Record number of 'obscenity' offences by paedophiles sharing child abuse images

Charles Hymas
·2-min read
TELEMMGLPICT000124999549.jpeg
TELEMMGLPICT000124999549.jpeg

Twenty paedophiles a day are being convicted of sharing child abuse imagery, official figures show, as a police chief warned of a surge in the number of children generating their own sexualised images.  

The number of offences for sharing obscene imagery rose by 12 per cent in the year to June 2020 to 7279 from 6485 in the previous year, according to the Office for National Statistics (ONS) data.  

Simon Bailey, the National Police Chief Council’s lead for child protection, said around 40 per cent of all new indecent imagery was now self-generated, compared to 29 per cent last year.

“Some of that will be through abusive and coercive relationships but a significant amount will be as a result of young people or children sharing sexualised images of themselves which is really worrying,” said Mr Bailey

“I am very concerned about the statistics I am starting to see that highlight the increase in grooming offences taking place.”

He said the Covid crisis had created the perfect storm where more children had spent time online. “Offenders have exploited that,” he said.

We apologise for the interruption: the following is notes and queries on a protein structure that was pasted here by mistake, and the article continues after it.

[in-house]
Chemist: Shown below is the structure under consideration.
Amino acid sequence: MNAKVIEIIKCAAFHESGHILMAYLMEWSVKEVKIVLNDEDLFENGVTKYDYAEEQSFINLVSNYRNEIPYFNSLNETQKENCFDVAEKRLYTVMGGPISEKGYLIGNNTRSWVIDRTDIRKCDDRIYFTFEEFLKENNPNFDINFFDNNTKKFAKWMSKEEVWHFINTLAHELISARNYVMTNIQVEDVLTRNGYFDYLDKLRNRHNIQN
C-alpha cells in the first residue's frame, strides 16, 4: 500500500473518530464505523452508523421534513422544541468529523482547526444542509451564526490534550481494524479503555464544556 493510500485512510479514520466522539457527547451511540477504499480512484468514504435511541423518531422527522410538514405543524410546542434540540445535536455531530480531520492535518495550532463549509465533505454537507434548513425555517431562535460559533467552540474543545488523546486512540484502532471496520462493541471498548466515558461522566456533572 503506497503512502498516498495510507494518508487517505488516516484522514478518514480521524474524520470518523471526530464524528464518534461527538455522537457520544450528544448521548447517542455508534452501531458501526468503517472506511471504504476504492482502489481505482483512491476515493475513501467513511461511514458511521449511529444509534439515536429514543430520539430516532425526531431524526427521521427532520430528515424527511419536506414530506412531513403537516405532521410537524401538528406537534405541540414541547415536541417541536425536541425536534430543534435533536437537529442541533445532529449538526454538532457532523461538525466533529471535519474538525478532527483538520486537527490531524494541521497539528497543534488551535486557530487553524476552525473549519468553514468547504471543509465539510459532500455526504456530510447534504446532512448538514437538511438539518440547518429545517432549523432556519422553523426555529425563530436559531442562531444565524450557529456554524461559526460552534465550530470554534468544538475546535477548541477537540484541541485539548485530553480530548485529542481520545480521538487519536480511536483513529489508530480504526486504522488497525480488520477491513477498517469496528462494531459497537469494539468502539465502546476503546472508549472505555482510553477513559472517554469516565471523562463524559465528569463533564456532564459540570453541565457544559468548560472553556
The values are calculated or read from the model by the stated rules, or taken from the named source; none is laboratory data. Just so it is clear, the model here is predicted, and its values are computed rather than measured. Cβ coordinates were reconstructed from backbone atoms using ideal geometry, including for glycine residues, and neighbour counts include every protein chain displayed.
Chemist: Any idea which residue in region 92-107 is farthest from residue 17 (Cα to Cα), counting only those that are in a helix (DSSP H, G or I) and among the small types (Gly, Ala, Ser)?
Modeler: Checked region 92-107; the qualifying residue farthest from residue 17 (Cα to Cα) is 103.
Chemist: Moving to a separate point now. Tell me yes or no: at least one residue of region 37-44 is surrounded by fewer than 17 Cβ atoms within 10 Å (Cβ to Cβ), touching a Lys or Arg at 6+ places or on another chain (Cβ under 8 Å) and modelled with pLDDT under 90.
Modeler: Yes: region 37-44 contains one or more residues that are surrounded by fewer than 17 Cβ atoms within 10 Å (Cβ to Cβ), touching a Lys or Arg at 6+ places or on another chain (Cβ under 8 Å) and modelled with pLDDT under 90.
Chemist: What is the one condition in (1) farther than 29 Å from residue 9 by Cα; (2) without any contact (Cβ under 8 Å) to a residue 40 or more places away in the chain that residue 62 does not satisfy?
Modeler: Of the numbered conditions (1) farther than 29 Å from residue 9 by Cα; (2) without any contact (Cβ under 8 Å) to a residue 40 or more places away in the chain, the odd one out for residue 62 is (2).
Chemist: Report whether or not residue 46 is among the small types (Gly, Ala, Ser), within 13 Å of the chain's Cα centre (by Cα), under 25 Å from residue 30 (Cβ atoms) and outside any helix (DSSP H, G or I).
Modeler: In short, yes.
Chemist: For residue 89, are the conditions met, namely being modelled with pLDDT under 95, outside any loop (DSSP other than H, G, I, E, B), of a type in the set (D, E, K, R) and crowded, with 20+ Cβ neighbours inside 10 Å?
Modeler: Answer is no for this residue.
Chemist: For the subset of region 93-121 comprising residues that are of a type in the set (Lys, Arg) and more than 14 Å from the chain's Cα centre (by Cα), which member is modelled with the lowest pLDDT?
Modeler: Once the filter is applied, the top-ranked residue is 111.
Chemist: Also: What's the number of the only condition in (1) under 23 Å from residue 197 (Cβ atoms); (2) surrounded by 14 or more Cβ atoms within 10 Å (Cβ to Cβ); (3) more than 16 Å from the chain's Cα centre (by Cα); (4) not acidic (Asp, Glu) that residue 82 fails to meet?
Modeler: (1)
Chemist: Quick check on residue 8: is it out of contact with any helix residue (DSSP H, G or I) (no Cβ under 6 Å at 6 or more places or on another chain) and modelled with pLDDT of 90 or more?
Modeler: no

“It has been exacerbated by the fact the social media providers and tech firms have relied on AI to remove indecent images of children. They now concede their AI is not as good as their human moderators (who have been shielding at home in Covid).

“When human moderators return to work, the police service will have to deal with a significant spike in the number of referrals it will receive as a result of the reliance on AI.”

Asked whether social media firms had done enough to combat online child abuse, he said some had improved but “so much needs to be done. Until they do an awful lot more, we are going to be dealing with year on year increases.”

NSPCC Chief Executive Peter Wanless said: “The rise in offences during lockdown is concerning but was sadly foreseeable. Behind many of these images are children groomed by offenders who take advantage of badly designed social media platforms.  

“The Government has the opportunity to help prevent these images being created in the first place with its Online Harms Bill that will place a Duty of Care on tech companies to those who use their sites.   “If this is to work, it needs to be enforced with the threat of substantial financial and criminal sanctions for companies and managers who continue to fail children.”